Covid-19 Accelerating Your Retirement? Keep These Five Financial Tips in Mind

August 2021

Covid-19 Accelerating Your Retirement? Keep These Five Financial Tips in Mind

Since February, the number of employed workers over age 55 has dropped by 7%, signaling an uptick in people who have decided to retire early.

The COVID-19 pandemic has taken an emotional and physical toll on many Americans, but it also has surfaced stories of resilience and hope and appears to have inspired some adults to live life to the fullest.

Many individuals are taking stock of what matters most — their health, their family, special experiences — and as the world slowly begins to open back up, they are seizing the opportunity to create the space they need to spend time with family, travel as it becomes safe to do so, or simply enjoy the life they have built.

Yet the shortened savings runway that comes with accelerating retirement holds many monetary implications, even for those who are financially welloff. When considering whether to retire early, there are a number of financial planning factors to think about, including how to match expenses to income, evaluate your health insurance options, and think strategically about your retirement accounts and Social Security benefits.

If You’re Weighing the Option of Early Retirement, Keep These Five Financial Tips in Mind:

1. Match Expenses to Income

Managing cash flow is critical in retirement. Retirement planner calculators can help you benchmark how much to withdraw annually against your holdings, while considering investment returns, inflation, and Social Security. Though you may see reduced expenses in some categories, such as reduced transportation costs due to no longer commuting, you may experience some pressure on your budget in early retirement. Having a clear understanding of your new baseline income will help you identify any gaps to close and can serve as a solid starting point in determining potential lifestyle adjustments to consider.

2. Evaluate Your Retirement Accounts

It can be a challenge to manage your investments holistically when assets are spread across multiple portfolios — not to mention that fact that you may be paying too much in fees by having funds with multiple investment providers. Consider consolidating your retirement balances into fewer accounts for easier management. If you prefer to use multiple financial services providers, make sure to work with a trusted financial advisor who can take all your holdings into consideration when making decisions about early retirement.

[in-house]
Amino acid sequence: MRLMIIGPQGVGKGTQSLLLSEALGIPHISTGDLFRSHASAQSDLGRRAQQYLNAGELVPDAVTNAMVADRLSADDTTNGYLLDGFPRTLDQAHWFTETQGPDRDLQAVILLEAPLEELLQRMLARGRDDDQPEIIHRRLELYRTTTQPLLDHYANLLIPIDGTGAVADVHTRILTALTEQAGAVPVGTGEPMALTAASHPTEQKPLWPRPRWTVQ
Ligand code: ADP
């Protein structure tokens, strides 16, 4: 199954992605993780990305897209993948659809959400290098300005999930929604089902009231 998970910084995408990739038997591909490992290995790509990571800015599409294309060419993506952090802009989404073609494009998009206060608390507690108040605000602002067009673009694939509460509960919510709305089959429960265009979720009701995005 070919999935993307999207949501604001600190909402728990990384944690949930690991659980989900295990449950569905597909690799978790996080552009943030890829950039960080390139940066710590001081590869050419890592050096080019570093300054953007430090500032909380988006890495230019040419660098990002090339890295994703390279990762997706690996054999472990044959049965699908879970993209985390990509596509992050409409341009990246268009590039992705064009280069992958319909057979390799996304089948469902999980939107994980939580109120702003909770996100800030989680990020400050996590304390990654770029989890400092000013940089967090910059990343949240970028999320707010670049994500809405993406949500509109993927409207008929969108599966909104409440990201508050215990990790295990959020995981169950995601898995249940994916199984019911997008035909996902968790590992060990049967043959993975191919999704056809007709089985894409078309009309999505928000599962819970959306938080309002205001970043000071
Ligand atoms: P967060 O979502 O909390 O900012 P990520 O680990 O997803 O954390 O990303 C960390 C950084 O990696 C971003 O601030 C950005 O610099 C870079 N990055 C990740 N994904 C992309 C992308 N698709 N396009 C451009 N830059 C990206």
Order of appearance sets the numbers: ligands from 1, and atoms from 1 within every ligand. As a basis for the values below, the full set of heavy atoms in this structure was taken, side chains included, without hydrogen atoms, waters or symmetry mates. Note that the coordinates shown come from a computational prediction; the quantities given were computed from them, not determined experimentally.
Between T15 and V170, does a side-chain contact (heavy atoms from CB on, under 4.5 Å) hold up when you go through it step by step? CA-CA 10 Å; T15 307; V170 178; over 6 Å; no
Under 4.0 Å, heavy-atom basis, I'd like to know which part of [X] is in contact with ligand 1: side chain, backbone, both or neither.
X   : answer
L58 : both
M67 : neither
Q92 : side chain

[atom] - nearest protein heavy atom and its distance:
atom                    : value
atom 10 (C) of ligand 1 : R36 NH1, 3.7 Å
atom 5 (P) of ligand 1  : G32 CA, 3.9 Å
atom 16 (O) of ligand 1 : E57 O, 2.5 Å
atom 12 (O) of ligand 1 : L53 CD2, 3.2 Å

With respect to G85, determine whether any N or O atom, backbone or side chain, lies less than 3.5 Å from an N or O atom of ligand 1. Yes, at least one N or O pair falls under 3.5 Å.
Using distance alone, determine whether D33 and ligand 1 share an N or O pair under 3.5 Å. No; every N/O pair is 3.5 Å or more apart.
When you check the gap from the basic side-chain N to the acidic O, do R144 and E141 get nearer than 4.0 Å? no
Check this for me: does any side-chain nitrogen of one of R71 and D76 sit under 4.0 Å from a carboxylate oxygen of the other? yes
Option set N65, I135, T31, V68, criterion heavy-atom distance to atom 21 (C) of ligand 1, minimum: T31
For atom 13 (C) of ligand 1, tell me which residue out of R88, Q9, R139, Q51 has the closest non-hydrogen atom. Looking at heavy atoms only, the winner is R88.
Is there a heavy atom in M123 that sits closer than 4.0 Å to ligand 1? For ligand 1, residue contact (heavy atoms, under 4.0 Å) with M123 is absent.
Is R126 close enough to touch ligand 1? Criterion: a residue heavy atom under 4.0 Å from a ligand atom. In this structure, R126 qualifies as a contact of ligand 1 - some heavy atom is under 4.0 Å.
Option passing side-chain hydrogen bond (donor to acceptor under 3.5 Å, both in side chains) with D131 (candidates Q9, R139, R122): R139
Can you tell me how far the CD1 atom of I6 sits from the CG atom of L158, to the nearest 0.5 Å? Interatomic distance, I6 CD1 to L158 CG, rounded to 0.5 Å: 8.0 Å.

3. Protect Your Investment Portfolio

As your focus shifts from saving for retirement to spending in retirement, you may find yourself performing a delicate balancing act to ensure you derive sufficient income from your investments. Avoid making common mistakes that could set your early retirement plans back, such as failing to rebalance your investment portfolio regularly, being overly reactive to market dynamics, and neglecting to ensure you have the right target allocation in place. Then, determine a sustainable withdrawal rate that will provide a consistent and reliable flow of income for your lifetime.

4. Think Strategically about Social Security benefits

While you may not be planning to tap Social Security benefits until later in life, if you’re retiring early, you may want to think about using a reduced projection of Social Security benefits as one scenario in your financial planning. The most recent Social Security Trust Funds report indicates that the combined trust fund reserves are projected to deplete in 2034, which would result in a drop of scheduled benefits payable at that time. That said, there are several variables to consider when deciding the right time to receive Social Security benefits, including your health, family health history, financial need, and retirement assets or income sources available to you, among other factors. Your advisor can help you conduct a thorough Social Security analysis to pressure test different scenarios.

5. Consider Your Health Insurance Options

Retiring before age 65 means you will be responsible for paying for your healthcare until Medicare kicks in. Healthcare will remain a priority for the rest of your life, so understanding your health insurance options is extremely important. You may have a few choices available to you, such as purchasing a private health insurance policy, buying an individual policy through a state-based or federal health insurance Exchange Marketplace, or extending your employer-sponsored coverage through COBRA.

If you’re considering whether to accelerate your retirement, take the opportunity to review your financial picture and connect with your team at Key Private Bank to help you assess your options.

For more information, please visit or contact your Key Private Bank Advisor.

Sources: 1 - Summary: Actuarial Status of the Social Security Trust, Social Security Agency. Posted: 21 August, 2021. Accessed: 7 September, 2021. URL:

This piece is not intended to provide specific tax or legal advice. You should consult with your own advisors about your particular situation.

Any opinions, projections, or recommendations contained herein are subject to change without notice and are not intended as individual investment advice.

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